This post was authored by Patrick Hoeppner, Dunham's Marketing Communications Associate. If you have questions concerning today's topic, please call us at (858)964-0500. Hold us to a higher standard.

Bankruptcies are common among professional athletes, winners of the lottery, and celebrities in the public eye. Having large assets at one’s disposal at a young age can predispose an individual to excessive spending habits and the tendency to over-distribute funds to family and friends. This can result – and has resulted – in bankruptcy among some of the highest earners in society. There is no limit to the heights from which one can fall. So what are some of these heights? How can you turn these events into captivating stories that can convince a prospect to invest their money into what you are recommending?

Bring up these examples:

  • Scottie Pippen spent $4 million on a private jet, and then had to spend another $1 million to fix it once it was discovered not to be working
  • 72 percent of NFL players and 60 percent of NBA players file bankruptcy within 5 years of retirement
  • Both Mike Tyson and Evander Holyfield declared bankruptcy on net worths valued at $350 million and $300 million respectively
  • MC Hammer had 2 helicopters, 17 luxury cars, and 21 racehorses. The payroll for his 200-person entourage was $500,000 a month. He declared bankruptcy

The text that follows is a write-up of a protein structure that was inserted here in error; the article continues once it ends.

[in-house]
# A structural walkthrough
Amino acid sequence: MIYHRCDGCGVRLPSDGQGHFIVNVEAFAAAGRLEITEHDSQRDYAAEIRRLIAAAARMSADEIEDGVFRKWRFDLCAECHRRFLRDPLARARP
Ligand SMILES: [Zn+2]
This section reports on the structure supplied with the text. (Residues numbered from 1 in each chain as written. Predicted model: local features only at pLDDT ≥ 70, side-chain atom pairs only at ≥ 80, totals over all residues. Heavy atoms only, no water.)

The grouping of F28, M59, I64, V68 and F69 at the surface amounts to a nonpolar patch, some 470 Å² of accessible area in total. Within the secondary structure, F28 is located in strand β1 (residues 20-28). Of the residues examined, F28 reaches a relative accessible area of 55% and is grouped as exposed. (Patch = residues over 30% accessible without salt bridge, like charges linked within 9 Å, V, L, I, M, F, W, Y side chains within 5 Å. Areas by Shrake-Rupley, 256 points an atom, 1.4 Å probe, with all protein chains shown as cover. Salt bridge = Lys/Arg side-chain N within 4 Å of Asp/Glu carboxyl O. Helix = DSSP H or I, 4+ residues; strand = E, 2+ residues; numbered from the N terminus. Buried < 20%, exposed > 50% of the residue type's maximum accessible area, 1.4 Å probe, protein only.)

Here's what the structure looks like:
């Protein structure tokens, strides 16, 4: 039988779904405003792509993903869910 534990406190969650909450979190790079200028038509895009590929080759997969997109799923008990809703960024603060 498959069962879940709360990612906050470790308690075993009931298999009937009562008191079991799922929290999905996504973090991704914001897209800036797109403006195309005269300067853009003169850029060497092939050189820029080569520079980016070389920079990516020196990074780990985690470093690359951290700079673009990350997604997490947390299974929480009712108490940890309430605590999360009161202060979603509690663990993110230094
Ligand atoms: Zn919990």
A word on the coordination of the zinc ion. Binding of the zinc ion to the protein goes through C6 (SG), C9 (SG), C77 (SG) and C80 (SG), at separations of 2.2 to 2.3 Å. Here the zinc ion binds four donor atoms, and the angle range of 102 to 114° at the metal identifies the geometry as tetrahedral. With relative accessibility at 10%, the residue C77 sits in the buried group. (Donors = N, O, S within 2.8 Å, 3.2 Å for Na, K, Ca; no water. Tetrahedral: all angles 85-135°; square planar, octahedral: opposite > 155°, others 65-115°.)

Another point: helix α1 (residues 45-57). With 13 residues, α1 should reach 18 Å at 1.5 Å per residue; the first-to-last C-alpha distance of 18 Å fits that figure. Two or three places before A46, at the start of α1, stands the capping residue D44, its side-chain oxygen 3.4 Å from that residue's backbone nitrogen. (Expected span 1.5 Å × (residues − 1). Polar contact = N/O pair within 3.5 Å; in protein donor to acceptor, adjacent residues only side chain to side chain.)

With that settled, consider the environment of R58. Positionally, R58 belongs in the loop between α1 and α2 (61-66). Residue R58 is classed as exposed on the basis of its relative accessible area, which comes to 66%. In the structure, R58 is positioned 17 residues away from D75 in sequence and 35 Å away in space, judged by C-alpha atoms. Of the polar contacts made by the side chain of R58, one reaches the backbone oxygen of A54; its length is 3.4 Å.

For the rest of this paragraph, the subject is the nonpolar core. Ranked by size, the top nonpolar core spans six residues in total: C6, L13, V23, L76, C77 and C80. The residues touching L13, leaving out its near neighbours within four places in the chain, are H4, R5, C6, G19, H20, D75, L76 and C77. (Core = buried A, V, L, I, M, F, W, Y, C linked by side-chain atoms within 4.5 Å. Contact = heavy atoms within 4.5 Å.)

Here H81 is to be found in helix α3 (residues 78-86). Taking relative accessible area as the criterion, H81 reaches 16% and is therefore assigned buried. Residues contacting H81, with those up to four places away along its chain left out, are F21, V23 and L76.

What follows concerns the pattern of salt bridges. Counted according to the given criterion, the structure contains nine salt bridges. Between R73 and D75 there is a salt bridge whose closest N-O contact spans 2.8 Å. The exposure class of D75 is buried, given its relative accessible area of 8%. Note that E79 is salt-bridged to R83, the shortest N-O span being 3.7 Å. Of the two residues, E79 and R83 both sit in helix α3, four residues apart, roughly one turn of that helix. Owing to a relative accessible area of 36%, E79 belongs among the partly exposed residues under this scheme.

These stories about legendary financial disasters may be enough to get clients to invest time and plan the investments and growth of their assets. With proper guidance from a financial advisor, they may not fall into any of these pitfalls, but instead may enjoy financial security throughout their lives. What are you trying to get your clients to do? These stories may convince someone who is on the fence to invest with you before they experience anything resembling any of these disasters.

A famous story of lottery winners who went off the deep end features Alex and Rhoda Toth, who won $13 million in a Florida lottery in 1990 before they filed for bankruptcy protection and were charged with tax fraud by the federal government.

And some more examples of household names who saw financial catastrophe?

  • Mark Twain lost his fortune despite marrying an heiress. He made a series of poor investments, including a protein powder company, which led a lawyer to claim that, in business, he was just, “a big, overgrown boy”.
  • Ulysses S. Grant went bankrupt after an investment in a bank flopped. Mark Twain later wrote his memoirs.

A good story is worth a lot. A good story about someone who lost a lot is worth a lot if you are a financial advisor. Telling spendthrift clients about any of these examples – all of them well-known, some of them household names – can help them learn by hearing about others’ mistakes. This is how telling these stories may prevent others from experiencing financial ruin.